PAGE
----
Rocket’s gene therapy could restore cardiac function in Danon diseasePublished: May 3, 2019
Rocket Pharmaceuticals has presented preclinical data demonstrating the efficacy of AAV-based gene therapy in restoring cardiac function in animal models of Danon disease, a fatal heart disease.
Data presented at the American Society of Gene and Cell Therapy 2019 Annual Meeting in Washington has revealed the potential of AAV-based gene therapy in preventing, reducing and reversing cardiac dysfunction in mice and cynomolgus monkeys.
Danon disease is a rare, X-linked neuromuscular and cardiovascular disease characterized by profound cardiomyopathy, skeletal myopathies, and mild cognitive impairment. It is caused by mutations in the gene encoding lysosome-associated membrane protein 2 (LAMP-2), a protein that is involved in autophagy, and has an estimated prevalence of 15,000 to 30,000 patients in the US and EU. Currently there are no specific therapies available, although patients may undergo cardiac transplantation.
Rocket’s RP-A501 is an AAV-based gene therapy where the AAV vector carries a gene for the missing LAMP-2 protein. It was developed under a collaboration with the University of California San Diego School of Medicine.
Animal studies have now shown that RP-A501 conferred high vector copy number in heart and LAMP2 protein expression was higher in all the four heart chambers. Protein expression in the heart was higher in treated non-human primates versus untreated ones.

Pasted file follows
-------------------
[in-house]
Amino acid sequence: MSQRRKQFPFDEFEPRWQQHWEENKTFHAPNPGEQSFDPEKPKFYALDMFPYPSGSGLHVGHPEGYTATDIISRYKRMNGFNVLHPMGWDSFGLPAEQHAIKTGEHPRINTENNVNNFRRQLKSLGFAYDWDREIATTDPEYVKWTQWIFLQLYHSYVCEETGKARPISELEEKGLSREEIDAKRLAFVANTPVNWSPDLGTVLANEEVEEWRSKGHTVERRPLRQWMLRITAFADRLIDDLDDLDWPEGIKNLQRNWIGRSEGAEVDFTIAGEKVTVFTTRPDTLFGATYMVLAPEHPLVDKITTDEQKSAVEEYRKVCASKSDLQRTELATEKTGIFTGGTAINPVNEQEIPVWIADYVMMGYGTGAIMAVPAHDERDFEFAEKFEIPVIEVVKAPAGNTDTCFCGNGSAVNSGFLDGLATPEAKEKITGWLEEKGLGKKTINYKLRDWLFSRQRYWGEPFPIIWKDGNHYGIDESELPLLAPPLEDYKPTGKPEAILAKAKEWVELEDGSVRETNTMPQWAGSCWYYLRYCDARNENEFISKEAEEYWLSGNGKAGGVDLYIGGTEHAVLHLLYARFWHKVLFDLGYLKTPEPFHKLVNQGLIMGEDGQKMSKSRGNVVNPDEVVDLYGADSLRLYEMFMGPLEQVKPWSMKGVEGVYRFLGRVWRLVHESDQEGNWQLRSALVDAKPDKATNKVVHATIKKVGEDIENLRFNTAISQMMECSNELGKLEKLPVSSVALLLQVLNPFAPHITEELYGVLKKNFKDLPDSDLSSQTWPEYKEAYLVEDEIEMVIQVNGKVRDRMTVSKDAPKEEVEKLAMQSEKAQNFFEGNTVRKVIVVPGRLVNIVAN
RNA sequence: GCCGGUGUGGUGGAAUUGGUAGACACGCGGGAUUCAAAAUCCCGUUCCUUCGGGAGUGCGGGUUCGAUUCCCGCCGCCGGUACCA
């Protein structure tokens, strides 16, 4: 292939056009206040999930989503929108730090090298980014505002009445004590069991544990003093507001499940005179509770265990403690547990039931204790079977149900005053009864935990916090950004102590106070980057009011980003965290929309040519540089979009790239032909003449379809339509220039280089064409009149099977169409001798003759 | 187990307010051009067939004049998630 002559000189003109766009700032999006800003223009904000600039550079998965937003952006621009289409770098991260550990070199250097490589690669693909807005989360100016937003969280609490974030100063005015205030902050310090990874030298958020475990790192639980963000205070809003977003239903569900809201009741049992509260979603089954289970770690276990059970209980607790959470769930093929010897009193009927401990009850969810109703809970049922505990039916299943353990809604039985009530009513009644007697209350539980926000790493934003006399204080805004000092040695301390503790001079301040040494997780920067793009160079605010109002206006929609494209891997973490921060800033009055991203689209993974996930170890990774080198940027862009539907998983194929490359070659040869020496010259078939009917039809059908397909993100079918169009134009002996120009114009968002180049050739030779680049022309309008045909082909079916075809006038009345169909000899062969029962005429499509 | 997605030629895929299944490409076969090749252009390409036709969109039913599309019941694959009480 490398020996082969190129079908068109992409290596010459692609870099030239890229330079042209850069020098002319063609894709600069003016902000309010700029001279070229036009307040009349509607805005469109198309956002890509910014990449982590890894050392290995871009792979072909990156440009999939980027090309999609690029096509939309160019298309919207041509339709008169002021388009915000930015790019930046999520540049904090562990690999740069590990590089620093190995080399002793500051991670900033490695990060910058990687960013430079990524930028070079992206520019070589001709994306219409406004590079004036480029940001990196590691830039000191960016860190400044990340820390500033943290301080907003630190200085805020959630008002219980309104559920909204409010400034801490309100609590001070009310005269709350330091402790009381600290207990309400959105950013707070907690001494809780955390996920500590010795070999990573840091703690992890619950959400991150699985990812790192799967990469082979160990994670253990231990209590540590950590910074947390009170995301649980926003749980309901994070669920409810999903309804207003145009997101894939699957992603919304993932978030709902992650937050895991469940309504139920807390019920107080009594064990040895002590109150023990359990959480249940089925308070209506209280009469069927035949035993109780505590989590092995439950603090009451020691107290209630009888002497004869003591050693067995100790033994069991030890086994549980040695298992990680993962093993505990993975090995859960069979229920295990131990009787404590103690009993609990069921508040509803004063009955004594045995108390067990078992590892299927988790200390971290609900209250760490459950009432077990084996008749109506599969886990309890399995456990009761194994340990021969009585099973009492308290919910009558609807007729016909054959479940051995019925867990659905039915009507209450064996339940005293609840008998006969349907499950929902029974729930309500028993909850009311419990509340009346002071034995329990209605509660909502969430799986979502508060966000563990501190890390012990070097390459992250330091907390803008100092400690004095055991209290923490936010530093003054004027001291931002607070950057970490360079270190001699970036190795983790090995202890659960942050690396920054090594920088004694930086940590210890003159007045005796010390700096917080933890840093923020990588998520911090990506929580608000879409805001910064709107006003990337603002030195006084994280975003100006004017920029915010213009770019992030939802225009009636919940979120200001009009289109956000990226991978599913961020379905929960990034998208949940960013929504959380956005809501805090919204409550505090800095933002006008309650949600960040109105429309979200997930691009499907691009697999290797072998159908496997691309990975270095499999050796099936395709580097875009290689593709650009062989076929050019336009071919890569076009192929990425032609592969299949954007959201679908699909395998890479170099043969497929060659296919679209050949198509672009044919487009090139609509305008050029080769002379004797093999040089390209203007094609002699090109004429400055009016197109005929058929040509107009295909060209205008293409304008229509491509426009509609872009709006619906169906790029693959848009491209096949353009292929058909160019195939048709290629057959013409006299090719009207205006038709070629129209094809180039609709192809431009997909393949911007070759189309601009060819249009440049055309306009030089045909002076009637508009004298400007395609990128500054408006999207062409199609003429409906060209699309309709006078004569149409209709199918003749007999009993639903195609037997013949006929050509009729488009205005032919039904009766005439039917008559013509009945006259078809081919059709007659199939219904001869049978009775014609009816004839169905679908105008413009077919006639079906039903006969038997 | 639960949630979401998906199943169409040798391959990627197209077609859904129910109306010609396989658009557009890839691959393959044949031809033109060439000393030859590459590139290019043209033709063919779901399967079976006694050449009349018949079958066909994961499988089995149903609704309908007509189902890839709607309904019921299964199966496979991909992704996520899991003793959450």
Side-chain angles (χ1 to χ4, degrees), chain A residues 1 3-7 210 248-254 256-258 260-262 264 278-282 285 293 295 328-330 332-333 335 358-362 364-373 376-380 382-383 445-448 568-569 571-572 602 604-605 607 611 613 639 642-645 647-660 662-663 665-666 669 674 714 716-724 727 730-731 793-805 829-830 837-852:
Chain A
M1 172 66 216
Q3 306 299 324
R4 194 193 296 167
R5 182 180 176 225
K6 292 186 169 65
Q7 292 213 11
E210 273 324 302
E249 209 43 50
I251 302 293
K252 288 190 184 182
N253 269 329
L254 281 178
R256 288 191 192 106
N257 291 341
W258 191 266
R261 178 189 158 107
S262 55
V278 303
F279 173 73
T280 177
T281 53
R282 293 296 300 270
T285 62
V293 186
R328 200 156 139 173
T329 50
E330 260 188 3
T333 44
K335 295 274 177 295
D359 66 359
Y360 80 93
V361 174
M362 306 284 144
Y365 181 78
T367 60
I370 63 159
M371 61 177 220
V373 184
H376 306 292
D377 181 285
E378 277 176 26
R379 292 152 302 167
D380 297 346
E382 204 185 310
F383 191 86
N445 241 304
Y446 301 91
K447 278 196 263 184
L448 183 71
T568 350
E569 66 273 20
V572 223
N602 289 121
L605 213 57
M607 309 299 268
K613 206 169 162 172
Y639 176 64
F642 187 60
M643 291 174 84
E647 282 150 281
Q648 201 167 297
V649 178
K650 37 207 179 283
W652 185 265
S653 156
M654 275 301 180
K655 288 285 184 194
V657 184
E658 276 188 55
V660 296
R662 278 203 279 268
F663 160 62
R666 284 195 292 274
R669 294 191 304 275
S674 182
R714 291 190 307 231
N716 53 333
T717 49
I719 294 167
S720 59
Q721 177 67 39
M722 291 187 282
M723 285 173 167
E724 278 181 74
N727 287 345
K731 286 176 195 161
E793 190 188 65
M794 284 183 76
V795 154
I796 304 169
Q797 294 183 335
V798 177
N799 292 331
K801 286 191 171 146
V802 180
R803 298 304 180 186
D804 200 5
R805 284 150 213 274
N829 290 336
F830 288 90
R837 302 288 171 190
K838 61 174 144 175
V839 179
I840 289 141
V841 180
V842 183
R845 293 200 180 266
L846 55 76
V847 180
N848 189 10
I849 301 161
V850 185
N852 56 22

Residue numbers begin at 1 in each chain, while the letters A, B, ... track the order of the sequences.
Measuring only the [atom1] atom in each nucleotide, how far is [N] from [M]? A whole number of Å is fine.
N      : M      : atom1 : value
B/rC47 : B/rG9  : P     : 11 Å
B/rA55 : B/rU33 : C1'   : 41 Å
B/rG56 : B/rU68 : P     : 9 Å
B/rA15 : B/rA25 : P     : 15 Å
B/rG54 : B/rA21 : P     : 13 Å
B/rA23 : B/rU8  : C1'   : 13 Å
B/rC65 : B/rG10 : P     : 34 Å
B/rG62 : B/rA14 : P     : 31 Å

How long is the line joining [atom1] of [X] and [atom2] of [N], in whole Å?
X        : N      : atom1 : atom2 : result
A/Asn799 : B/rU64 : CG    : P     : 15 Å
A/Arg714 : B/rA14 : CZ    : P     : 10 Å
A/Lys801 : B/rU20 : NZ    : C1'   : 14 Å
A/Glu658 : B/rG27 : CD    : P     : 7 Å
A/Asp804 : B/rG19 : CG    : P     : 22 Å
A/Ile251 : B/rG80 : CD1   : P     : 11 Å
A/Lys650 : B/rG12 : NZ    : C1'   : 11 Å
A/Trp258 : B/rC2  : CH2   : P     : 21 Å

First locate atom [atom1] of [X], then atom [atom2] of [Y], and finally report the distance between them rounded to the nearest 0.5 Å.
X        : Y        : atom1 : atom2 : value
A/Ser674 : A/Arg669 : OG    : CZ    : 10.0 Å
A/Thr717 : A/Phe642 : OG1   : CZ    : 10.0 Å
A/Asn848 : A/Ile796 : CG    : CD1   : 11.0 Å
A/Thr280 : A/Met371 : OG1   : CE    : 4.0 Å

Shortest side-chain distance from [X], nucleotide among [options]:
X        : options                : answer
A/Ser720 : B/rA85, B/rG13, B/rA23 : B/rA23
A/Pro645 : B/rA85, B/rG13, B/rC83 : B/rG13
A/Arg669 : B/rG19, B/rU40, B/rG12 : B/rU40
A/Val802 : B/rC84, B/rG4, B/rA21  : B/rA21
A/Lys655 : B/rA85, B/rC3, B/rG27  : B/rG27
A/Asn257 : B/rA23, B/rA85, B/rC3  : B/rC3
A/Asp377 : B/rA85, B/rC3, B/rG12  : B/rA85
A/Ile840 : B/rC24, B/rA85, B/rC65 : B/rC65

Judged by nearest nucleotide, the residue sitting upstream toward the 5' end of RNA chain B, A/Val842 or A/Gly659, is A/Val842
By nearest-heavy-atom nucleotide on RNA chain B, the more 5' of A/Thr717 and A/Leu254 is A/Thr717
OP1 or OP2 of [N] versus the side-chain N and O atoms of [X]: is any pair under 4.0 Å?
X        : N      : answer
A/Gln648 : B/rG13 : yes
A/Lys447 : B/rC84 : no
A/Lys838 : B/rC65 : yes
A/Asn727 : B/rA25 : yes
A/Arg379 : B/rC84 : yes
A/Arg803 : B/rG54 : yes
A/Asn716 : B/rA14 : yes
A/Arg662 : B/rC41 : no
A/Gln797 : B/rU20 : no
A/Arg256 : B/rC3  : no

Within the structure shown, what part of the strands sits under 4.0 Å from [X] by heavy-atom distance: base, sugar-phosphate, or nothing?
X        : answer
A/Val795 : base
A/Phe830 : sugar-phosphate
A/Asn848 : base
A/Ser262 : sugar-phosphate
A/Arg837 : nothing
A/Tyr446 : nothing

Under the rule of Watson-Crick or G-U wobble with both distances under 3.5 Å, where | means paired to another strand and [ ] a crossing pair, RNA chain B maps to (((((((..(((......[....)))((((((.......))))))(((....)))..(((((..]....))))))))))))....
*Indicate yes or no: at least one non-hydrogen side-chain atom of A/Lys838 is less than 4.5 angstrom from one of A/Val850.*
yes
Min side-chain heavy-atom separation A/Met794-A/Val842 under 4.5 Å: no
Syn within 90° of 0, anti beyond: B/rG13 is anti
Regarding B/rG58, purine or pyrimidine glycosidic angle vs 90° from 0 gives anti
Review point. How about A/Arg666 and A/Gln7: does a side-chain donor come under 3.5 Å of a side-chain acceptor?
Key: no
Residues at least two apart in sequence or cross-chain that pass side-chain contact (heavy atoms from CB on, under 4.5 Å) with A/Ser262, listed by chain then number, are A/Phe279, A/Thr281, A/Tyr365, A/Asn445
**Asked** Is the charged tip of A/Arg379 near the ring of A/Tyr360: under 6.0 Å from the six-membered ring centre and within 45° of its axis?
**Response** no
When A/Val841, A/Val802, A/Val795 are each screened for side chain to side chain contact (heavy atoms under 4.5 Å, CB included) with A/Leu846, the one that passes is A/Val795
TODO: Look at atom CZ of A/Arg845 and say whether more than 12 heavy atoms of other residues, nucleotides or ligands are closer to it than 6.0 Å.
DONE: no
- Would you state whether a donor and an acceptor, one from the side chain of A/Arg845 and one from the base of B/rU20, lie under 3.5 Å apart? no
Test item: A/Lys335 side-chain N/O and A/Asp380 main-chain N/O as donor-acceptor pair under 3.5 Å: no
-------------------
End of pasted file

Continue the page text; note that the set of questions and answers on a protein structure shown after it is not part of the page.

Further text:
Investigational New Drug application (IND)-enabling toxicology studies were conducted in wild-type mice and non-human primates. No adverse events were observed any of the animals. In addition, the presentation also highlighted the efficacy of RP-A501 in LAMP-2 knockout mice where delivery of AAV-LAMP-2 resulted in dose-dependent improvements of cardiac function in these mice.
With FDA’s IND approval earlier this year, Rocket is now set to start its Phase 1 study later this year to evaluate the safety, tolerability and preliminary efficacy of RP-A501 in humans.
Source: Rocket Pharmaceuticals Presents Preclinical Data of RP-A501 for Danon Disease at the American Society of Gene and Cell Therapy 2019 Annual Meeting; Press Release